There is a school of thought within film theory circles that attributes the rise of the horror film as the latest in a long line of public contrition, a symbolic sacrifice for our communal sins. Instead of gladiators or public executions we have moved on to fictional and recreated scenes of sacrifice. A group of people dying on screen due to their disregard of generally accepted morals, premarital sex, drug use, etc. The problem with this theory is how reductive it is. At best, it shoves horror cinema within a dark corner of morality tale. At worst, it paints horror as some base, animalistic pleasure that we should be ashamed of. The biggest problem with this theory though, is when a filmmaker approaches their film within this narrow scope, when a film exists only to further that symbolic sacrifice. Forget story, forget character, we’re here to see the blood. In Mischief Night, a film by Richard Schenkman, the stockpile of horror cliche and tropes are all let loose on screen with no thought of how it effects story or character development. It simply throws the cliches fast and hard, from the “probably just kids” and “ did you hear that?” to the obligatory jump scares. And that’s just in the first ten minutes.

After those ten minutes of the standard “introduce the killer by killing-off meaningless characters” sequence the film settles in on Emily(Noell Coet), who is suffering from psychosomatic blindness and asthma due to some decade old guilt over her mother’s death. From there we find her staying in her home alone on “Mischief Night”, which is the national observance of egging houses apparently. At this point we have the set-up of girl alone in house which, of course, leads to home invasion. Again, so standard and cliche that any horror fan can probably guess the ending by the time she says “don’t worry about me, I’ll be fine”.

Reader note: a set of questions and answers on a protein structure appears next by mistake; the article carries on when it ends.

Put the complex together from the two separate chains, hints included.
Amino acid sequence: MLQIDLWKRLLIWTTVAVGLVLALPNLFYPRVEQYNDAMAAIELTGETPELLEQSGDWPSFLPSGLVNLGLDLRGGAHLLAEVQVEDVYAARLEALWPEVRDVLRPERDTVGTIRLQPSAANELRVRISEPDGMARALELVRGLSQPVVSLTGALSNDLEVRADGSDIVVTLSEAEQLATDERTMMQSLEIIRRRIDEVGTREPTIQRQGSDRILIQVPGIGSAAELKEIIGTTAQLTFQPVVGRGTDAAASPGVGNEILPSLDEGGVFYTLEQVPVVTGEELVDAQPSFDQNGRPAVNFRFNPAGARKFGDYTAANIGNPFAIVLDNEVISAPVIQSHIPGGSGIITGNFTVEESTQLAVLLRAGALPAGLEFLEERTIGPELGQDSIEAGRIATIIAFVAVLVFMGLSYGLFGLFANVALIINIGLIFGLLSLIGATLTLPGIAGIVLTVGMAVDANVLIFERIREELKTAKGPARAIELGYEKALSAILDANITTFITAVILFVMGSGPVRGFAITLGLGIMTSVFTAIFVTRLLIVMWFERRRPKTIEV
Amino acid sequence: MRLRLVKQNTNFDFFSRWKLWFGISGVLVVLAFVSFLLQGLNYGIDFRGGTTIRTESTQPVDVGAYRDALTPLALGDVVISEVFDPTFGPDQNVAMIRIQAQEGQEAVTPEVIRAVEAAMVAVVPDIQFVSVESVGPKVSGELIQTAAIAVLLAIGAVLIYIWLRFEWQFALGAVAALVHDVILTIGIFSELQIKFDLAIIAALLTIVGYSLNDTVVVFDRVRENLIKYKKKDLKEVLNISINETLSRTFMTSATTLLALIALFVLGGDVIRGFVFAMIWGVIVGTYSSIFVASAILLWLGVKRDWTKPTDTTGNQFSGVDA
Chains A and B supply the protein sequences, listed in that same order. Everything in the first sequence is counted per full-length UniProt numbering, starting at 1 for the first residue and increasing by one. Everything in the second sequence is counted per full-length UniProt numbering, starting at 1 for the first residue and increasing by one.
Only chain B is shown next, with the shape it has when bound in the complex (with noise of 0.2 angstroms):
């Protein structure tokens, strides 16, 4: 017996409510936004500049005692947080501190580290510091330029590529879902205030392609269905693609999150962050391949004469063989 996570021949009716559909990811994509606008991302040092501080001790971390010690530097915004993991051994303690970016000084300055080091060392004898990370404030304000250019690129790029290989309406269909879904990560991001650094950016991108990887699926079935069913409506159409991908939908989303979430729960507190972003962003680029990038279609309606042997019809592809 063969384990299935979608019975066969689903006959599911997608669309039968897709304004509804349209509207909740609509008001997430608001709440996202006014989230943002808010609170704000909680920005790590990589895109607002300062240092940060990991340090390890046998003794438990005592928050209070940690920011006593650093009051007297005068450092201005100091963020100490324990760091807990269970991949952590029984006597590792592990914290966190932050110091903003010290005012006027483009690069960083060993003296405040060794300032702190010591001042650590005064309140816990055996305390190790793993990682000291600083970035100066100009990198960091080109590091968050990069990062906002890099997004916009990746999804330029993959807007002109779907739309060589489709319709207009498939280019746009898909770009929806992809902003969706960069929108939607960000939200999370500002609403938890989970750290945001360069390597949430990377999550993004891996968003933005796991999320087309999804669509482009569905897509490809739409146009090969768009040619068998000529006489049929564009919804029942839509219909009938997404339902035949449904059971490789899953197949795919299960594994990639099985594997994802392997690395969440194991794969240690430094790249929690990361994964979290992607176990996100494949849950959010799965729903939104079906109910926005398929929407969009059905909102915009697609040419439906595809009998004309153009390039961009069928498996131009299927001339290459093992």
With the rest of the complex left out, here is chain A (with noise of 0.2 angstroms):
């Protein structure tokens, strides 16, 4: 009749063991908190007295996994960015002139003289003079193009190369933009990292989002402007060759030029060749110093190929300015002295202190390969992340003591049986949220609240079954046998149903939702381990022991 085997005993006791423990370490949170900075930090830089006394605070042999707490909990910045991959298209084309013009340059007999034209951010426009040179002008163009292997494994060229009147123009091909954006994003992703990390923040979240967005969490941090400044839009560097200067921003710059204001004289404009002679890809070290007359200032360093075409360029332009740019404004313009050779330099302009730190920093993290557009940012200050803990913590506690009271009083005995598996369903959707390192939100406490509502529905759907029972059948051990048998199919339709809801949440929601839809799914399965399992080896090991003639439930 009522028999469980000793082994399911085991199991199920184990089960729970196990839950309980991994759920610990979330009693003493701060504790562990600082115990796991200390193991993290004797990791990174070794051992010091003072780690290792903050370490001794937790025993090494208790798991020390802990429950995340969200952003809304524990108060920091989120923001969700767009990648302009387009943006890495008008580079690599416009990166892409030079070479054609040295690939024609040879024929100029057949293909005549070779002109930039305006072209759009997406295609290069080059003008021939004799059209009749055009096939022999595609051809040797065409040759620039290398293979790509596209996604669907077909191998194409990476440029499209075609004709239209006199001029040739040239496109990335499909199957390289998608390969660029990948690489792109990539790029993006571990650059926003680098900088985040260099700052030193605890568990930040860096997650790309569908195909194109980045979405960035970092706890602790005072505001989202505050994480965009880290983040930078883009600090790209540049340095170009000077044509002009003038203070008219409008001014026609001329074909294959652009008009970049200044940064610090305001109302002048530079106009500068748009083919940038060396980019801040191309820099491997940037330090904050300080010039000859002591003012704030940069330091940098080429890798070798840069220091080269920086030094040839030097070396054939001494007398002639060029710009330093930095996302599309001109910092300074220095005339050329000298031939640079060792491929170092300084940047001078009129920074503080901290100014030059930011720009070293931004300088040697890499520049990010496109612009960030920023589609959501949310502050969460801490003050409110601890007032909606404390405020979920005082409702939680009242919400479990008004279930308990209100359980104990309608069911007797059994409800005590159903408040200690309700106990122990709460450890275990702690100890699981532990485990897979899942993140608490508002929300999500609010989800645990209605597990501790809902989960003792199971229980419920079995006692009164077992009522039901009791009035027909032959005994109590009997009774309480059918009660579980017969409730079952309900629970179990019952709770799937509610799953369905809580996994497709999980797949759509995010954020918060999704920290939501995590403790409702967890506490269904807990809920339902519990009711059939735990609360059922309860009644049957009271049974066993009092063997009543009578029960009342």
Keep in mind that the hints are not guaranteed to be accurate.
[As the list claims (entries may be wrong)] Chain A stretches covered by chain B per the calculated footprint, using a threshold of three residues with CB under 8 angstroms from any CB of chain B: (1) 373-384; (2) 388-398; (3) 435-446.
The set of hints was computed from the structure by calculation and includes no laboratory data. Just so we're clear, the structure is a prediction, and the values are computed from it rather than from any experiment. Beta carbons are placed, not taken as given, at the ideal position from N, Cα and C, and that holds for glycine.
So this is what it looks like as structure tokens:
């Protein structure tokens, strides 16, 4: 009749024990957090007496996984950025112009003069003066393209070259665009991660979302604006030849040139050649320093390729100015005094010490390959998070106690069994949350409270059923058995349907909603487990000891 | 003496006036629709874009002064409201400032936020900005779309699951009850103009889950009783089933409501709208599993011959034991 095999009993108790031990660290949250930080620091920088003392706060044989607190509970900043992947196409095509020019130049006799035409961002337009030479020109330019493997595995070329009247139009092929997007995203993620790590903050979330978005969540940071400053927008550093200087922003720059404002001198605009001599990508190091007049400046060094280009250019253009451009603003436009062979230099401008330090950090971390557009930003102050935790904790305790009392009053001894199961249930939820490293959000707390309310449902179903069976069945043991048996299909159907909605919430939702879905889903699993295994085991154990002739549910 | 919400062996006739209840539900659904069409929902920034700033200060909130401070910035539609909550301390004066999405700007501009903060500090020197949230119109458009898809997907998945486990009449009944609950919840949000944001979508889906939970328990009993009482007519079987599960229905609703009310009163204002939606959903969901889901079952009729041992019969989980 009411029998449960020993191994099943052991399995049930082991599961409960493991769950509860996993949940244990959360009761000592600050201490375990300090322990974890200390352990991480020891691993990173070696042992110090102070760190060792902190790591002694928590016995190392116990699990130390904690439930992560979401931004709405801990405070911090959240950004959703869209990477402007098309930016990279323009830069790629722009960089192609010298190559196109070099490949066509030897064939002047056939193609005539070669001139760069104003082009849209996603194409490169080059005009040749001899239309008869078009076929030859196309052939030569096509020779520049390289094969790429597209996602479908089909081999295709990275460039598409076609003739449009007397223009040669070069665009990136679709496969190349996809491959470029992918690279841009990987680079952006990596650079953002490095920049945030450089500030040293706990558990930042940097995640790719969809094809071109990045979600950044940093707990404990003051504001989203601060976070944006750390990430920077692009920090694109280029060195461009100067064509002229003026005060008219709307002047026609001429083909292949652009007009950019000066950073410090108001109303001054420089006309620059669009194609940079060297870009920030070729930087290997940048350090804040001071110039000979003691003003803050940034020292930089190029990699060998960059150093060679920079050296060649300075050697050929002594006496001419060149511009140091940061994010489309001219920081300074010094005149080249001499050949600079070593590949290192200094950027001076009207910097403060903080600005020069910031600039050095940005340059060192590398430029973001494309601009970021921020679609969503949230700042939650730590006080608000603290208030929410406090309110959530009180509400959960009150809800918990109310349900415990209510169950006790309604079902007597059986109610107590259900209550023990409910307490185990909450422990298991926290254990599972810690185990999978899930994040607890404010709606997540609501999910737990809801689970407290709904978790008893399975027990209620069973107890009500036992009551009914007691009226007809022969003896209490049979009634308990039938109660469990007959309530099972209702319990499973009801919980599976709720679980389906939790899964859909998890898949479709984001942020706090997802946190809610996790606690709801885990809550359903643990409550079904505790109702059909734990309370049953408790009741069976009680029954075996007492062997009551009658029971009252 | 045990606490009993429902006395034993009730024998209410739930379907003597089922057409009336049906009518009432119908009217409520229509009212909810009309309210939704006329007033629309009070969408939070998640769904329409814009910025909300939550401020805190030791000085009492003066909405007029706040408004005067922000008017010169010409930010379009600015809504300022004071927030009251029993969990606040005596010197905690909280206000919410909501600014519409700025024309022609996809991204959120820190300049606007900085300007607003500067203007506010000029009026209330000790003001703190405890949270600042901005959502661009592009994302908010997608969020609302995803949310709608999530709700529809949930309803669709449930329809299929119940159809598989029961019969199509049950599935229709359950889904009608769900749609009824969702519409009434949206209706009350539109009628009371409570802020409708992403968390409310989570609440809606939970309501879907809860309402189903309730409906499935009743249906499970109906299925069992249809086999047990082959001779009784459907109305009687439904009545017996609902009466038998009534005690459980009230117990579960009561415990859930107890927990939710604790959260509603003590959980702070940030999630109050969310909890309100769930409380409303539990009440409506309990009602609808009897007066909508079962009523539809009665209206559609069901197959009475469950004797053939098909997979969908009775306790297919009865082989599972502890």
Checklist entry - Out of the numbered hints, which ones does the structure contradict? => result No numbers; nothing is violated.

The blindness is the only real crinkle in this story. The added twist of a killer in your home that you literally cannot see is terrifying. Mischief Night, despite spending several scenes setting up her blindness and how that has heightened her other senses, doesn’t seem interested in this crinkle though. One might expect a modern “Wait Until Dark”, but unfortunately there are no cat and/or mouse games happening here. In true symbolic sacrifice fashion, Emily is here to be a victim and not much else. She can smell her boyfriend sneaking up on her, but a killer standing right in front of her somehow escapes her senses.

It must be said, however, that Noell Coet is doing her damnedest to make Emily compelling. In a surprisingly effective performance, she manages to add a layer of compassion for that character that the filmmakers seem to have no interest in. Despite that performance though, Coett is forced to do what the script tells her to do. And what it tells her to do is cry and whimper in the corner as bad things happen. Instead of a battle of wits, we get nonsensical sequences of events that all lead to that ultimate goal of cinematic contrition.


It’s not the fact that Mischief Night is shallow and superficial that makes it such a disappointment, however. It is the obvious moments of promise. With certain allusions to possible themes and story arcs, it becomes very disheartening to see those allusions continually ignored and abandoned. What could have been a fleshed out story of a girl dealing with grief and guilt becomes nothing but a scream session filled with vague intentions and no real resolution. While this fits in fine with the theory of horror film as symbolic sacrifice, it does little to make Mischief Night a good film.

REVIEW: Mischief Night
2.0Overall Score
Creepy Kids
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